Thus far, three religious groups have launched free-exercise challenges to Gov. Cuomo’s most recent set of restrictions issued in response to the COVID-19 pandemic. These groups argue that the attendance caps on religious services violate their first amendment right of free exercise. District courts in New York and the Second Circuit denied preliminary injunctions in these cases, finding them not likely to succeed on the merits, given Smith’s low standard. A divided Supreme Court reversed the Second Circuit’s denial, with a majority of the Court finding that the restrictions single out religious activities under Smith because the attendance caps apply specifically to religious services as opposed to other kinds of activities.
But if Smith were not the governing rule, then in order to trigger strict scrutiny, challengers to COVID restrictions would need to show only that the restrictions substantially burden their religious exercise, which is much easier than having to show that the restrictions specifically target religion. It would be much harder without Smith for lower courts to find no likelihood of success on the merits in such challenges.
Predictions are dangerous, but based on the oral argument last month, the reversal of the Second Circuit’s denial of an injunction, and the general trend of the Supreme Court’s receptiveness to religious liberty claims, the Court seems, in this writer’s opinion, sympathetic to the challengers in Fulton, but still more likely to continue to narrow Smith incrementally than to overrule it outright at this point.
If the Court takes the more drastic step of overruling Smith, the landscape will be even friendlier to such challenges, and we can expect to see a substantial increase of religious liberty challenges not only to COVID restrictions, but to all kinds of state action that burdens religious exercise. But even without overruling Smith, the Court is likely going to be increasingly sympathetic over the long term to religious liberty claims.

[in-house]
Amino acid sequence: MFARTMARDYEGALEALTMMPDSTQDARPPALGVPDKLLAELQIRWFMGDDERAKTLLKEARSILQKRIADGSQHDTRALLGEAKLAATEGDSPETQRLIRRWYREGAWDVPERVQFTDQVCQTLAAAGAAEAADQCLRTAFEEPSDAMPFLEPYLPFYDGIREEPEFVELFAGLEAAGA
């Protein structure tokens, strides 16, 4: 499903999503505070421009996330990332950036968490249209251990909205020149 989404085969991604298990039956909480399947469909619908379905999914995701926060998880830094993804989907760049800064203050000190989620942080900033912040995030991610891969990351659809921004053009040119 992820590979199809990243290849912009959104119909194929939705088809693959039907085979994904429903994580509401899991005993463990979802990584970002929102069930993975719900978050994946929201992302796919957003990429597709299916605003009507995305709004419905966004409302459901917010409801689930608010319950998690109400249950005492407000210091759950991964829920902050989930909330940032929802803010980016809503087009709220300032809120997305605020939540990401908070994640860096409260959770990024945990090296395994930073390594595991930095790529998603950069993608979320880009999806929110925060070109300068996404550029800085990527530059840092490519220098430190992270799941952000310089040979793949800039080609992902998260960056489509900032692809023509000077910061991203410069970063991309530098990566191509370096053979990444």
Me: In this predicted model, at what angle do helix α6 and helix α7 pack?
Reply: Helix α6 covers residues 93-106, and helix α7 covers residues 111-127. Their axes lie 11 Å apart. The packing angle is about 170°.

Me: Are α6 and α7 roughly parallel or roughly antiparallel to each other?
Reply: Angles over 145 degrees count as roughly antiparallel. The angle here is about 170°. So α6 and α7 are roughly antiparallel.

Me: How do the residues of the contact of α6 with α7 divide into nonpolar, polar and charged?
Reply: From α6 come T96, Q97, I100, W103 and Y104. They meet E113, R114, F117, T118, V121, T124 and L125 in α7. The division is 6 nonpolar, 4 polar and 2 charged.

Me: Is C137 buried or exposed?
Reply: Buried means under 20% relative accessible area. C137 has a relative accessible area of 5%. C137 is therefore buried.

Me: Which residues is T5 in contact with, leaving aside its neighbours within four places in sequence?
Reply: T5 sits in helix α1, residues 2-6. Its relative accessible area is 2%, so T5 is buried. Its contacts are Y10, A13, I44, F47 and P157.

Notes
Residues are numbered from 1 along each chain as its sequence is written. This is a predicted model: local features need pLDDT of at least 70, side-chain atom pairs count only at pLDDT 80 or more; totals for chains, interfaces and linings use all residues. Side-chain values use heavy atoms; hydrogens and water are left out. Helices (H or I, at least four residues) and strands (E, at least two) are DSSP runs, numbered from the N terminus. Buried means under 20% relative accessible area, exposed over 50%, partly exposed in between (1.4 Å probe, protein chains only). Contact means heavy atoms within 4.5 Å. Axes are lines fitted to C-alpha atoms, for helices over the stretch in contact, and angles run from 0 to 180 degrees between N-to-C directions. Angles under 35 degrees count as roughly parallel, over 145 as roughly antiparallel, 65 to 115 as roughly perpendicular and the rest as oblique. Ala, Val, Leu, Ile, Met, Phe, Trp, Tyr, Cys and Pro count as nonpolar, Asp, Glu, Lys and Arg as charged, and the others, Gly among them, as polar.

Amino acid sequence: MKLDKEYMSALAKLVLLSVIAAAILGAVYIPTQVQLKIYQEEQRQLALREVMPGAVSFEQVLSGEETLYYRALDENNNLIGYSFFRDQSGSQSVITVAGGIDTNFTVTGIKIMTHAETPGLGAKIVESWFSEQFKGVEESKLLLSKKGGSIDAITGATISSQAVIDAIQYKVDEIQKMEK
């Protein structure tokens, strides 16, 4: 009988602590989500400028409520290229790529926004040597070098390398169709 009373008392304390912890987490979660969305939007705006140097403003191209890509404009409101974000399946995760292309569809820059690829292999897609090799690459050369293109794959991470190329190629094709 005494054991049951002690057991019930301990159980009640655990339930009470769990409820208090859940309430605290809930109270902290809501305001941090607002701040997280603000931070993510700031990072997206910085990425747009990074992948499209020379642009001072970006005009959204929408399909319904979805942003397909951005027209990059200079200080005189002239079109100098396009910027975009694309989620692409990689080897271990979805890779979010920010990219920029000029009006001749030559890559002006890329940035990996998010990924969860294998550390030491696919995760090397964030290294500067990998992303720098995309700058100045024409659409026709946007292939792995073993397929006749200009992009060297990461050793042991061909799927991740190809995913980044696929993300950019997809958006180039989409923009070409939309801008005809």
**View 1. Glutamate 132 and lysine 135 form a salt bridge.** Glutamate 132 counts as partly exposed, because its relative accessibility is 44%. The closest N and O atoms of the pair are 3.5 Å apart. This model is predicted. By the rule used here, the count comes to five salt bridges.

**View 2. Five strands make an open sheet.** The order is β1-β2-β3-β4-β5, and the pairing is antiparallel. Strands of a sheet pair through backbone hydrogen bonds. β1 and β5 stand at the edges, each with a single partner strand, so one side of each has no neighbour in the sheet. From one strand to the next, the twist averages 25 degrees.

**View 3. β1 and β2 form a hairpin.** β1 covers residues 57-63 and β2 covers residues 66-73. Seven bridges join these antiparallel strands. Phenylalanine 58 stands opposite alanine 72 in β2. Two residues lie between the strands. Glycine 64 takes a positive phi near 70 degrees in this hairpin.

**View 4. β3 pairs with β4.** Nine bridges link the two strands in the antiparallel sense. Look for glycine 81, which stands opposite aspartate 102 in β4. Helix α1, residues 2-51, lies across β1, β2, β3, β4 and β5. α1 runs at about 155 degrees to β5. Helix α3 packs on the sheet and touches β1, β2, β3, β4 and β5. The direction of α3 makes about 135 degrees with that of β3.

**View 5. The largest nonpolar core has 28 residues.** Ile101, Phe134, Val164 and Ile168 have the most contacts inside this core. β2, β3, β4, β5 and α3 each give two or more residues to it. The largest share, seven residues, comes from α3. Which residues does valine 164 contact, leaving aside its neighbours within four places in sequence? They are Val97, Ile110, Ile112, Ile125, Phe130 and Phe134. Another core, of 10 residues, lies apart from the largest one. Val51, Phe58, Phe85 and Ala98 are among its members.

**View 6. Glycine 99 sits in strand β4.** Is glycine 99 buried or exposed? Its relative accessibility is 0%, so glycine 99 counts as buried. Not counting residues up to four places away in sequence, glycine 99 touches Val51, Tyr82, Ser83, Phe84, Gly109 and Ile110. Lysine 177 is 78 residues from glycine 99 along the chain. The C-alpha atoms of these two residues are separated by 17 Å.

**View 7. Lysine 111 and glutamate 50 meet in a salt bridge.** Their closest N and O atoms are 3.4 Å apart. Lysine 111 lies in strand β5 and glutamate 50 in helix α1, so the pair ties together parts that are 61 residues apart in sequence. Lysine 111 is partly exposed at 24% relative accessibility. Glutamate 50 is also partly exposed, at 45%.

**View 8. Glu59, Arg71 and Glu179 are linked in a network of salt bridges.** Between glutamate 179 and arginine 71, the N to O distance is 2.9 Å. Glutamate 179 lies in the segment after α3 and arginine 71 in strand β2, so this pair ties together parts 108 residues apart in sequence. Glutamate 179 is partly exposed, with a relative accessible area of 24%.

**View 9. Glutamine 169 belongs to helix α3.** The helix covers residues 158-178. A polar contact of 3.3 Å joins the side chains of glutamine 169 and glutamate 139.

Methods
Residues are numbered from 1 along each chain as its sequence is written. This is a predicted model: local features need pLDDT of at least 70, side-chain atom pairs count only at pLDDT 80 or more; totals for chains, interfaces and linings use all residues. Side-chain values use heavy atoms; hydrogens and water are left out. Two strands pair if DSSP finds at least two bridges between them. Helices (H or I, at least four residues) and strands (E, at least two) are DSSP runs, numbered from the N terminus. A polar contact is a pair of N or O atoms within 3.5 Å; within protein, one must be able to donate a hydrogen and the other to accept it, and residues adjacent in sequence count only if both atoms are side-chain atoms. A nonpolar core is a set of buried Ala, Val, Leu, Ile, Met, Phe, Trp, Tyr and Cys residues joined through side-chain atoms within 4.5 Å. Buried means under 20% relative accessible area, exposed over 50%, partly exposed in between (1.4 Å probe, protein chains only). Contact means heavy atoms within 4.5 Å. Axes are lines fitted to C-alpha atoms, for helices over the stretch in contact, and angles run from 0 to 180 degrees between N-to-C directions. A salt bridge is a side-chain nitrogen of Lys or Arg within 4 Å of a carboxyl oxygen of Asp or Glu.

For more information contact Adams Leclair LLP at 585.327.4100 or info(Replace this parenthesis with the @ sign)adamsleclair.law.
1 Docket No. 19-123 (U.S. Sup. Ct.).
2 494 U.S. 872 (1990).
3 E.g., Sherbet v. Verner, 374 U.S. 398 (1963).
4 508 U.S. 520 (1993).
5 See generally, e.g., Luke W. Goodrich & Rachel N. Busick, Sex, Drugs, and Eagle Feathers: An Empirical Study of Federal Religious Freedom Cases, 48 SETON HALL L. REV. 353 (2018).
6 See Agudath Israel of Am. v. Cuomo, 98- F.3d 222 (2d Cir. Nov. 9, 2020); Soos v. Cuomo, 2020 WL 6384683 (N.D.N.Y. Oct. 30, 2020); Roman Catholic Diocese of Brooklyn v. Cuomo, 2020 WL 5994954 (E.D.N.Y. Oct. 9, 2020).
7 Roman Catholic Diocese of Brooklyn v. Cuomo, 2020 WL 6948354 (U.S. Sup. Ct. Nov. 35, 2020).